Replication

Physical replication is one of the strengths of PostgreSQL and one of the reasons why some of the world's largest organizations in the world have chosen it for the management of their data in business continuity contexts. Primarily used to achieve high availability, physical replication also allows scale-out of read-only workloads and offloading some work from the primary.

Application-level replication

Having contributed throughout the years to the replication feature in PostgreSQL, we have decided to build high availability in Cloud Native PostgreSQL on top of the native physical replication technology and integrate it directly in the Kubernetes API.

In Kubernetes terms, this is referred to as application-level replication, in contrast with storage-level replication.

A very mature technology

PostgreSQL has a very robust and mature native framework for replicating data from the primary instance to one or more replicas, built around the concept of transactional changes continuously stored in the WAL (Write Ahead Log).

Started as the evolution of crash recovery and point in time recovery technologies, physical replication was first introduced in PostgreSQL 8.2 (2006) through WAL shipping from the primary to a warm standby in continuous recovery.

PostgreSQL 9.0 (2010) enhanced it with WAL streaming and read-only replicas via hot standby, while 9.1 (2011) introduced synchronous replication at the transaction level (for RPO=0 clusters). Cascading replication was released with PostgreSQL 9.2 (2012). The foundations of logical replication were laid in PostgreSQL 9.4, while version 10 (2017) introduced native support for the publisher/subscriber pattern to replicate data from an origin to a destination.

Replication within a PostgreSQL cluster

Streaming replication support

At the moment, Cloud Native PostgreSQL natively and transparently manages physical streaming replicas within a cluster in a declarative way, based on the number of provided instances in the spec:

replicas = instances - 1 (where  instances > 0)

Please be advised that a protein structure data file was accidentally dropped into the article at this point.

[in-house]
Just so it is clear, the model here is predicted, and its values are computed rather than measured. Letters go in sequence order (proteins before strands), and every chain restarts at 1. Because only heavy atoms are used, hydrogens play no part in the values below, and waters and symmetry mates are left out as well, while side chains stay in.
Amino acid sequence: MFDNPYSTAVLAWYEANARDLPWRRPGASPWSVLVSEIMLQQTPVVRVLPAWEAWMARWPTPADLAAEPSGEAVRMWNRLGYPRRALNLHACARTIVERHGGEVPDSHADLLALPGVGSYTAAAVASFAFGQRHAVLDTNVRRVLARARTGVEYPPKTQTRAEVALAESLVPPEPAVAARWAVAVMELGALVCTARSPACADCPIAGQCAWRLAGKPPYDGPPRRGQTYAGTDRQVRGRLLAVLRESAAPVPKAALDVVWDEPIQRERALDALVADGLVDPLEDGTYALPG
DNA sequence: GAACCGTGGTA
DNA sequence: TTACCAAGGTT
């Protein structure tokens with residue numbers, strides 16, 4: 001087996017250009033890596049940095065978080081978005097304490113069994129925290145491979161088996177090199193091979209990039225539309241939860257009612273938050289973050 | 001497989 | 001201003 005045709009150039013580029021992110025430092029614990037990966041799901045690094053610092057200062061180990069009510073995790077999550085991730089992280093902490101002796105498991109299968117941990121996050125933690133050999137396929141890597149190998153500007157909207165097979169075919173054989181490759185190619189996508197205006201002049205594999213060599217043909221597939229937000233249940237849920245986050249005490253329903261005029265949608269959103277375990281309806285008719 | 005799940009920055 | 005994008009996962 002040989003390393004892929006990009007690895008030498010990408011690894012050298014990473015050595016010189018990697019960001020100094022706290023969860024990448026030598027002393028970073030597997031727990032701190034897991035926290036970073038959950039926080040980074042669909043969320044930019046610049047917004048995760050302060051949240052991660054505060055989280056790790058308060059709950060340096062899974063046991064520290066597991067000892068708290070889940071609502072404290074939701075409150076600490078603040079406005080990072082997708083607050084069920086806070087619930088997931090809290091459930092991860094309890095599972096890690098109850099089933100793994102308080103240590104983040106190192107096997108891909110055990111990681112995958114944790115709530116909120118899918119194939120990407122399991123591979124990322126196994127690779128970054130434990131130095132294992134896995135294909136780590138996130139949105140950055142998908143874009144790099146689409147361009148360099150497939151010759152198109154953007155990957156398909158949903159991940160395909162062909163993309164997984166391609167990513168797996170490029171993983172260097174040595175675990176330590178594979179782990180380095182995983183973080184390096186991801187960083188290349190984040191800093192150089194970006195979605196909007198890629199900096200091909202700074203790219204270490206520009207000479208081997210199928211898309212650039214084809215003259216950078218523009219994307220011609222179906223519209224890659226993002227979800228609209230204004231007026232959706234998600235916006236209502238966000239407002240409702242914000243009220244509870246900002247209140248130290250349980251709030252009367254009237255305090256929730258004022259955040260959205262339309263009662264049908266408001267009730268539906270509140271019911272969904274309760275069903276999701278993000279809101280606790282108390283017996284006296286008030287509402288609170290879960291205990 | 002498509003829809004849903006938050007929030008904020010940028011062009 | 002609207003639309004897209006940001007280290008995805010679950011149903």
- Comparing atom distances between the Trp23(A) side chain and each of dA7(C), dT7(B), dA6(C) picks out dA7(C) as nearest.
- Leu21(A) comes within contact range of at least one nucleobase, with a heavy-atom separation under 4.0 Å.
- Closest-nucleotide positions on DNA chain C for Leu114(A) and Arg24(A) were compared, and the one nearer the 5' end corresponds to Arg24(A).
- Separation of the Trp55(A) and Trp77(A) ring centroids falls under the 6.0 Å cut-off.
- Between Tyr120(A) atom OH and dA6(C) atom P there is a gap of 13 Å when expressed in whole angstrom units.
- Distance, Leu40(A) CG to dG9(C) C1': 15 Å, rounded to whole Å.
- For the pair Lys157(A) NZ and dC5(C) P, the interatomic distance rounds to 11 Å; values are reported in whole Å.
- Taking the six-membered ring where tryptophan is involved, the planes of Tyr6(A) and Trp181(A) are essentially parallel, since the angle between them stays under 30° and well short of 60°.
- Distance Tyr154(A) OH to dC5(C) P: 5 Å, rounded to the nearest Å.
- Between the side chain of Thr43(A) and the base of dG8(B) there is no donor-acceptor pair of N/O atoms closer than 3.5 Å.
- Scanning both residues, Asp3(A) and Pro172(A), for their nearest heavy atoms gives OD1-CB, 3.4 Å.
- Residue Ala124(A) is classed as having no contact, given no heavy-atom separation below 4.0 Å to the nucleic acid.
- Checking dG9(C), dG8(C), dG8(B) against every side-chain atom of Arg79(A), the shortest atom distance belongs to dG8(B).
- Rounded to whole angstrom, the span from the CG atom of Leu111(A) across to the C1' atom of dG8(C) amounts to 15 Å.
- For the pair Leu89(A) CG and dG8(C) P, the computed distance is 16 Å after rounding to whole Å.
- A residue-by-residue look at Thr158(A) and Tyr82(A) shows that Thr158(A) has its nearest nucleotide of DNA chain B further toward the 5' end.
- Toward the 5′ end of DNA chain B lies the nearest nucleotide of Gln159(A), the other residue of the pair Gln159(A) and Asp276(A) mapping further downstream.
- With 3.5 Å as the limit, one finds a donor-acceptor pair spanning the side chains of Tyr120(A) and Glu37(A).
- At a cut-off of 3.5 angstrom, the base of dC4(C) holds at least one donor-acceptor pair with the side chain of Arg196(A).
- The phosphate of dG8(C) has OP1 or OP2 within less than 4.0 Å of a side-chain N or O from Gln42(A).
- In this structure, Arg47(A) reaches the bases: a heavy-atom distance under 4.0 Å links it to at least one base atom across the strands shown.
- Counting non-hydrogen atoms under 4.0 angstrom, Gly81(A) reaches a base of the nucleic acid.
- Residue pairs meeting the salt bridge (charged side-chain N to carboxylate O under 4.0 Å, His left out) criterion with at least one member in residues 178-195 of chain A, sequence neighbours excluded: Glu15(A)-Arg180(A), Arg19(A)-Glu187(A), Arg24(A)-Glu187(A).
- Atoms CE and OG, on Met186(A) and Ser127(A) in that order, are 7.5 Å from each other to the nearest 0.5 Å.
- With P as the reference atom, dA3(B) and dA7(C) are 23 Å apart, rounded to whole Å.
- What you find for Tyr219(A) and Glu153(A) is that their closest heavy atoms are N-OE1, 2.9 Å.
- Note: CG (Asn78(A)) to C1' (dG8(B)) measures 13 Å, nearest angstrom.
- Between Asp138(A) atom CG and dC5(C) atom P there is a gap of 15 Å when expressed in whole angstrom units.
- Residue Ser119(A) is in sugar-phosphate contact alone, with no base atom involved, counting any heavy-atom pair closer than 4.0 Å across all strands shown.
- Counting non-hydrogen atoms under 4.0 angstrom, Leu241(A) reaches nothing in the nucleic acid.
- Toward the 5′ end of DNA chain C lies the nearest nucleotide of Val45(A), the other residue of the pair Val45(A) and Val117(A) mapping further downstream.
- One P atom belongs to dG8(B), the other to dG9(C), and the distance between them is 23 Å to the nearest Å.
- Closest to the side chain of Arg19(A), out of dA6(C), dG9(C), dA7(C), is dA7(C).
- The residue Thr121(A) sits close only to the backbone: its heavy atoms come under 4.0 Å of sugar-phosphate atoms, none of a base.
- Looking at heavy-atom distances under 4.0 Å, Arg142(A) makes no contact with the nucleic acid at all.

Immediately after the initialization of a cluster, the operator creates a user called streaming_replica as follows:

CREATE USER streaming_replica WITH REPLICATION;
   -- NOSUPERUSER INHERIT NOCREATEROLE NOCREATEDB NOBYPASSRLS

Note

Due to a pg_rewind requirement, in PostgreSQL 10 the streaming_replica user is created with SUPERUSER privileges.

Out of the box, the operator automatically sets up streaming replication within the cluster over an encrypted channel and enforces TLS client certificate authentication for the streaming_replica user - as highlighted by the following excerpt taken from pg_hba.conf:

# Require client certificate authentication for the streaming_replica user
hostssl postgres streaming_replica all cert
hostssl replication streaming_replica all cert

Certificates

For details on how Cloud Native PostgreSQL manages certificates, please refer to the "Certificates" section in the documentation.

Continuous backup integration

In case continuous backup is configured in the cluster, Cloud Native PostgreSQL transparently configures replicas to take advantage of restore_command when in continuous recovery. As a result, PostgreSQL is able to use the WAL archive as a fallback option everytime pulling WALs via streaming replication fails.

Synchronous replication

Cloud Native PostgreSQL supports configuration of quorum-based synchronous streaming replication via two configuration options called minSyncReplicas and maxSyncReplicas which are the minimum and maximum number of expected synchronous standby replicas available at any time. For self-healing purposes, the operator always weights these two values with the available number of replicas in order to determine the quorum.